The Misunderstood Hemp Plant
Surely no member of the vegetable kingdom has ever been more misunderstood than hemp. For too many years, emotion—not reason—has guided our policy toward this crop. And nowhere have emotions run hotter than in the debate over the distinction between industrial hemp and marijuana. David P. West, Ph.D.
Hemp and marijuana are different varietals of the plant species Cannabis. One could say they are relatives, but scientifically polar opposites. By the legal definition hemp contains a trace level of THC (0.3% or less) and a high level of CBD, marijuana has low CBD and high THC. You can get high on marijuana, and you can’t get high on hemp. Period.
“The core agricultural differences between medical cannabis and hemp are largely in their genetic parentage and cultivation environment,” Leaf Science. Hemp and marijuana are scientifically divergent and are cultivated in different ways. The legal definition of hemp is a plant with low THC and high CBD. Hemp has completely different functions and applications than marijuana. For industrial hemp the seeds, hurd, and fiber are harvested. For marijuana the flowering tops of the female plant, which are the source of Tetrahydrocannabinol (THC), are harvested. Hemp is an agricultural crop often referred to as industrial hemp. Marijuana is a horticultural crop. Every part of the hemp plant has a use and potential market.
The oilseed of hemp is used in the cosmetic, soap, nutritional supplement, food industries due to the fatty acid profile and proteins in the oil. Hemp oil has a high percentage and a desirable balance of the essential fatty acids, Omega-3 and Omega-6. The fiber and cellulose from hemp stalks is used in the textiles, fuel and building industries. Hemp seed oil also has many household, industrial, and technical uses. (Rothenberg)
Hemp oilseed meal is used in animal feed and protein flours and powders. The hulled hemp seed is used in the food industry. The hemp stalk contains blast fibers and inner core. The blast fiber is one of the strongest plant fiber that makes it a durable fiber for apparel, luggage, footwear and other textiles. Hemp blast fiber is used in the production of biocomposites for household products, insulation, paper, packaging, flooring, hempcrete, mulch and so forth can be used to replace plastics, fiberglass and wood. The hemp inner core of the stalk is used for animal bedding, and as a chemical absorbent that can be used after environmental spills, and can be used in farming and gardening. The whole hemp stalk can be used for biomass fuel. (Rothenberg)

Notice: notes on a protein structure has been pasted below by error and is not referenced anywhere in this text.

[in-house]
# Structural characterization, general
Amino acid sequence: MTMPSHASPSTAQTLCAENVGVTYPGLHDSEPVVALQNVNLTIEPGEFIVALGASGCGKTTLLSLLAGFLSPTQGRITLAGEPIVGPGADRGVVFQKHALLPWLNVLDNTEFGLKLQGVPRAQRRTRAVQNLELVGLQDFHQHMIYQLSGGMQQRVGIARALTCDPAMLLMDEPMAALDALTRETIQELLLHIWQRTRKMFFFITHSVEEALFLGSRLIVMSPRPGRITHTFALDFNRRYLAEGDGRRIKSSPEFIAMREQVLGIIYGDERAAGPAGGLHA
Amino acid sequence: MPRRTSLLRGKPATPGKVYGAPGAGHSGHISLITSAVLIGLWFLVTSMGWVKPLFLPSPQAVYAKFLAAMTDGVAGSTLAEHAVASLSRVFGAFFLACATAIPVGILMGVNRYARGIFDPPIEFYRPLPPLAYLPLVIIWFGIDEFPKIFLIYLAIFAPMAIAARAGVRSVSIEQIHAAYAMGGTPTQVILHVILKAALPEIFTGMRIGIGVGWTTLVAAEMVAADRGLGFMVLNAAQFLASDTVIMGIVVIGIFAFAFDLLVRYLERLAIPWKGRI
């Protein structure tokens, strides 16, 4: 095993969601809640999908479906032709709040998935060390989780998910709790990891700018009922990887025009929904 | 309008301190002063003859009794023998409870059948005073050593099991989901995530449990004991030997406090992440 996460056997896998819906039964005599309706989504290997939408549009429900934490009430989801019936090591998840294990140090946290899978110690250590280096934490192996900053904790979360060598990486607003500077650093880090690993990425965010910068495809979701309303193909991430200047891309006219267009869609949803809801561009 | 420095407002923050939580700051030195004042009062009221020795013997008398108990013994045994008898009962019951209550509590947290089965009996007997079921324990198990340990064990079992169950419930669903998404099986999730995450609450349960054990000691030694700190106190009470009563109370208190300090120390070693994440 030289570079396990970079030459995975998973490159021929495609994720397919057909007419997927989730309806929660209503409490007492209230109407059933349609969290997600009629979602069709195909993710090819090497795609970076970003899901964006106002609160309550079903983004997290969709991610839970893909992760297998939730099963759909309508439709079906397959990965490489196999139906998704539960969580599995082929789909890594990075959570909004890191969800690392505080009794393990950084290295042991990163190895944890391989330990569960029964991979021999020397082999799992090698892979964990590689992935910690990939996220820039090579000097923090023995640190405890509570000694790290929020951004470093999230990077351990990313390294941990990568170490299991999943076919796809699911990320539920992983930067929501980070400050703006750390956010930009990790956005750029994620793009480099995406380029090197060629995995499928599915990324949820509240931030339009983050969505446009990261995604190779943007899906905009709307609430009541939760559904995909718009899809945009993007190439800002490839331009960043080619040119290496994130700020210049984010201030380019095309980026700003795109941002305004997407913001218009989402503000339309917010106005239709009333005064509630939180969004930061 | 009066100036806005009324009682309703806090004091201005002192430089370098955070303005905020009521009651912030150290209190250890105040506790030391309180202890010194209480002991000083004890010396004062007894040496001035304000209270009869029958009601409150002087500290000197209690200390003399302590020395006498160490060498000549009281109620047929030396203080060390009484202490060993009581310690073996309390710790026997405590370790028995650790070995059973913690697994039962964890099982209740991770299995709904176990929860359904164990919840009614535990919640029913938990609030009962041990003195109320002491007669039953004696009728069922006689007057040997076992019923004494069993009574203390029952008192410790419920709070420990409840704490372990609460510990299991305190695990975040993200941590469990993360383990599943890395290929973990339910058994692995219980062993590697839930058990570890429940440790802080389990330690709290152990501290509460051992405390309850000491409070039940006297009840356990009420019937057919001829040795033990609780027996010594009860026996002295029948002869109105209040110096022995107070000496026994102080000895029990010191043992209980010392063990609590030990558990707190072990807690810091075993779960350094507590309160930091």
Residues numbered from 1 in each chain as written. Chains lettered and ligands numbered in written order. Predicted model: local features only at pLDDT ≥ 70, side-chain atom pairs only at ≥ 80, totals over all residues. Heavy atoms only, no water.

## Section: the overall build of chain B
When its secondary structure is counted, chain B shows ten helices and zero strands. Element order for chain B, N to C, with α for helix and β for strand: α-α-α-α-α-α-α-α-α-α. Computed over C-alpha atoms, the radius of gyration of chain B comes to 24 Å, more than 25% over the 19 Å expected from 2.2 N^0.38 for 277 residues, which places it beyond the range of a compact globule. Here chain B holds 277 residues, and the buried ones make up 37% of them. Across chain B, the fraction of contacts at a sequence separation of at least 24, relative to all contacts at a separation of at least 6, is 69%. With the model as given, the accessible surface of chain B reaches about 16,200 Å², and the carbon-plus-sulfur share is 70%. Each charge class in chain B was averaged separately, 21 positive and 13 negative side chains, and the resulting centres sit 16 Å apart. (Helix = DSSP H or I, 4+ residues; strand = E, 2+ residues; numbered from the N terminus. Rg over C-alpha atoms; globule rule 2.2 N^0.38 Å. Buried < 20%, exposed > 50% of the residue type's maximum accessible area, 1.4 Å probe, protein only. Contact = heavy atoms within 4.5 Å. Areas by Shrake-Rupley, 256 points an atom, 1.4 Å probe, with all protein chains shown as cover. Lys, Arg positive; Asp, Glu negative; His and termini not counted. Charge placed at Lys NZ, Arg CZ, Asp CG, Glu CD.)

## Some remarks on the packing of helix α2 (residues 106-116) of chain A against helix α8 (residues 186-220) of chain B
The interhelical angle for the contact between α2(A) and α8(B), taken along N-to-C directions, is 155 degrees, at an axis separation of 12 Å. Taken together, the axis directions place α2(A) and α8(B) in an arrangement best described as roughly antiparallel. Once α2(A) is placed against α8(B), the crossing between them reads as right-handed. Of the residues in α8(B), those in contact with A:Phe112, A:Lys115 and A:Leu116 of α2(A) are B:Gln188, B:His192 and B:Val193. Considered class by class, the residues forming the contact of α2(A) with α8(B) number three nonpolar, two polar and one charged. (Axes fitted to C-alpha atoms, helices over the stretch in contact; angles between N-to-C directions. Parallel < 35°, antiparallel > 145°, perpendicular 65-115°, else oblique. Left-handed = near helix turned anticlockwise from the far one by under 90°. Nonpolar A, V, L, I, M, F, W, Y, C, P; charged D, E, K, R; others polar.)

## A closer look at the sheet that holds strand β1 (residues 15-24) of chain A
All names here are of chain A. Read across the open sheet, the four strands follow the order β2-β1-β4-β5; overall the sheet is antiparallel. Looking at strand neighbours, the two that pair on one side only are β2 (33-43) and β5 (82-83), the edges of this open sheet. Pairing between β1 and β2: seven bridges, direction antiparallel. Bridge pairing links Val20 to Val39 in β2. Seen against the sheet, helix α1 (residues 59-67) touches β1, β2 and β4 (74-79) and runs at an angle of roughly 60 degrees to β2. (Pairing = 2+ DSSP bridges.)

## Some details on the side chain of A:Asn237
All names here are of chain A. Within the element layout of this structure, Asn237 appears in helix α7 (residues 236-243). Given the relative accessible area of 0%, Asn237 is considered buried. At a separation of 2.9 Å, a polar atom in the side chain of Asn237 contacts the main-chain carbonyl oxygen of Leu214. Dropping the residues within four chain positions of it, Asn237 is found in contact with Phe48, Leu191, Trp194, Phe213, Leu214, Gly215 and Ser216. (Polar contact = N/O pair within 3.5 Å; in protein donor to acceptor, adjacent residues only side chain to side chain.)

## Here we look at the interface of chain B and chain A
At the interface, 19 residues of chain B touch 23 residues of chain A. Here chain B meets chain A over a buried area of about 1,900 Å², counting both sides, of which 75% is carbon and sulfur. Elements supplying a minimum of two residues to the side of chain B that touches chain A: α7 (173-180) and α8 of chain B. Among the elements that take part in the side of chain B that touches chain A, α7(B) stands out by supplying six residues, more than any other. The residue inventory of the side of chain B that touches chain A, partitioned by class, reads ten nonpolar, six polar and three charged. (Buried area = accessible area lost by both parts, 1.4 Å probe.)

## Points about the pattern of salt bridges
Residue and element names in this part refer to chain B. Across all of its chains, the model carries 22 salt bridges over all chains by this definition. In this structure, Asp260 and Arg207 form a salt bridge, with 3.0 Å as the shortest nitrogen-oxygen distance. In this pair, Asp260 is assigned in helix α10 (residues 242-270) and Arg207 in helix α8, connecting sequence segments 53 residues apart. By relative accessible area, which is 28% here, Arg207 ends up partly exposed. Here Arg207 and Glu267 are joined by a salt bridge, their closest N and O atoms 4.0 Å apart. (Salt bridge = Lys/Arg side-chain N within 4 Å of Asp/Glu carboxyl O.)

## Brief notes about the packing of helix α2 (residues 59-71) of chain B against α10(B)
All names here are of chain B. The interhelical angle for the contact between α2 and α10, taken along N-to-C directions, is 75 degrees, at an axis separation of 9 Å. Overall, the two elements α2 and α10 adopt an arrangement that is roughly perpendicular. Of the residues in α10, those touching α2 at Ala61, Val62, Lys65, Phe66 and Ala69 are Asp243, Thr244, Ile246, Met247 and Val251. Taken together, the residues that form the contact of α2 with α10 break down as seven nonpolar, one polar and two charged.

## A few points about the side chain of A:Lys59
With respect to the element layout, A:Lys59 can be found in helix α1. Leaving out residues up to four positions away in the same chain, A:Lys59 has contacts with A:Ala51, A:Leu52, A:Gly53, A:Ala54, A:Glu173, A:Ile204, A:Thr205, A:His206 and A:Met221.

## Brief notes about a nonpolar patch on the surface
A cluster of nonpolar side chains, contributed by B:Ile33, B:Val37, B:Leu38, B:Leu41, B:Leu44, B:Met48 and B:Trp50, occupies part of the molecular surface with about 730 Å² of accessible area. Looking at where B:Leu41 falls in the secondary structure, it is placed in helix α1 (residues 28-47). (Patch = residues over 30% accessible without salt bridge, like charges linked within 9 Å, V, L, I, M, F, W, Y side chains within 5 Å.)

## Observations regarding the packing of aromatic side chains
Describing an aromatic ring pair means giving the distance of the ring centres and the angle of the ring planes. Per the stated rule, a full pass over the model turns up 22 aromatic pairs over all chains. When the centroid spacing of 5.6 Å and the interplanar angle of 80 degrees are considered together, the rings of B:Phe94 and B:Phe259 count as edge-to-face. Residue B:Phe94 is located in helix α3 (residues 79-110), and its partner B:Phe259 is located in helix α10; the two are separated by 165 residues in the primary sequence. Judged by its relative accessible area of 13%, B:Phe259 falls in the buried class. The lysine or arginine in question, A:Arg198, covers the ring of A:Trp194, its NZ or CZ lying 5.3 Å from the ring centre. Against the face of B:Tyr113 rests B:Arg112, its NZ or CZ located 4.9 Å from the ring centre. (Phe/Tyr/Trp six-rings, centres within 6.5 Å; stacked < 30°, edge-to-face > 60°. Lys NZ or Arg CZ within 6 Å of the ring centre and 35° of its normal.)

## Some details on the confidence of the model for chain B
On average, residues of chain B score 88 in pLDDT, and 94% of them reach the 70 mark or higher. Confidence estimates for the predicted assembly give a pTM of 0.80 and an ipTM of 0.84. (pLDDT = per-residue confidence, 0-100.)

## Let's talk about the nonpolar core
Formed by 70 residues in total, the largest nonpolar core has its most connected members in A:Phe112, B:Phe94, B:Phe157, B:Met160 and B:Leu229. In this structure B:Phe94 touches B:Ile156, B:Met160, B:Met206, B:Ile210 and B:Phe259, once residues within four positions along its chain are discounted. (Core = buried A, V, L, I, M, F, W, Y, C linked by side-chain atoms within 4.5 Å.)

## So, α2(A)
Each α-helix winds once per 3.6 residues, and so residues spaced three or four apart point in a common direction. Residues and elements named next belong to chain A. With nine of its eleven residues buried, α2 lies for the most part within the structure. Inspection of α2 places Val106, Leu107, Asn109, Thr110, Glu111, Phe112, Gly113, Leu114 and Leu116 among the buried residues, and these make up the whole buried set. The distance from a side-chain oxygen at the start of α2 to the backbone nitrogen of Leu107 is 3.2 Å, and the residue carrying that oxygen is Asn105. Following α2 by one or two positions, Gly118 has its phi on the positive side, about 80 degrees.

Hemp is the ultimate ‘green’ product because it is renewable, many products made with it are biodegradable, and can be used to replace our dependence on non-renewable resources. The annual crop is great for farmers as a low impact crop. Erik Rothenberg wrote, “These renewable resources will transition our major industries away from depending on non-renewable, fast-disappearing resource bases to being driven and supported on a sustainable economic basis by the annual agri-industrial produce of the Earth’s fertile fields.”
There are dozens of varieties of poppy flowers. The Papaver somniferum includes the variety of poppies known as the red scarlet, which produces opiates. The non-opium varieties of Papaver somniferum are completely legal to grown in your backyard. This despite the fact that the trace opiate level in the poppy seeds that you buy at the grocery store to bake is actually higher than the trace THC level in hemp. Imagine if all poppy flowers had been banned because of the red scarlet variety. There would be no lemon poppy seed muffins!
A case of mistaken identity for the hemp plant can be traced back to the early 1900’s. It is time that we all join the 21st century and recognize that hemp and marijuana are not the same.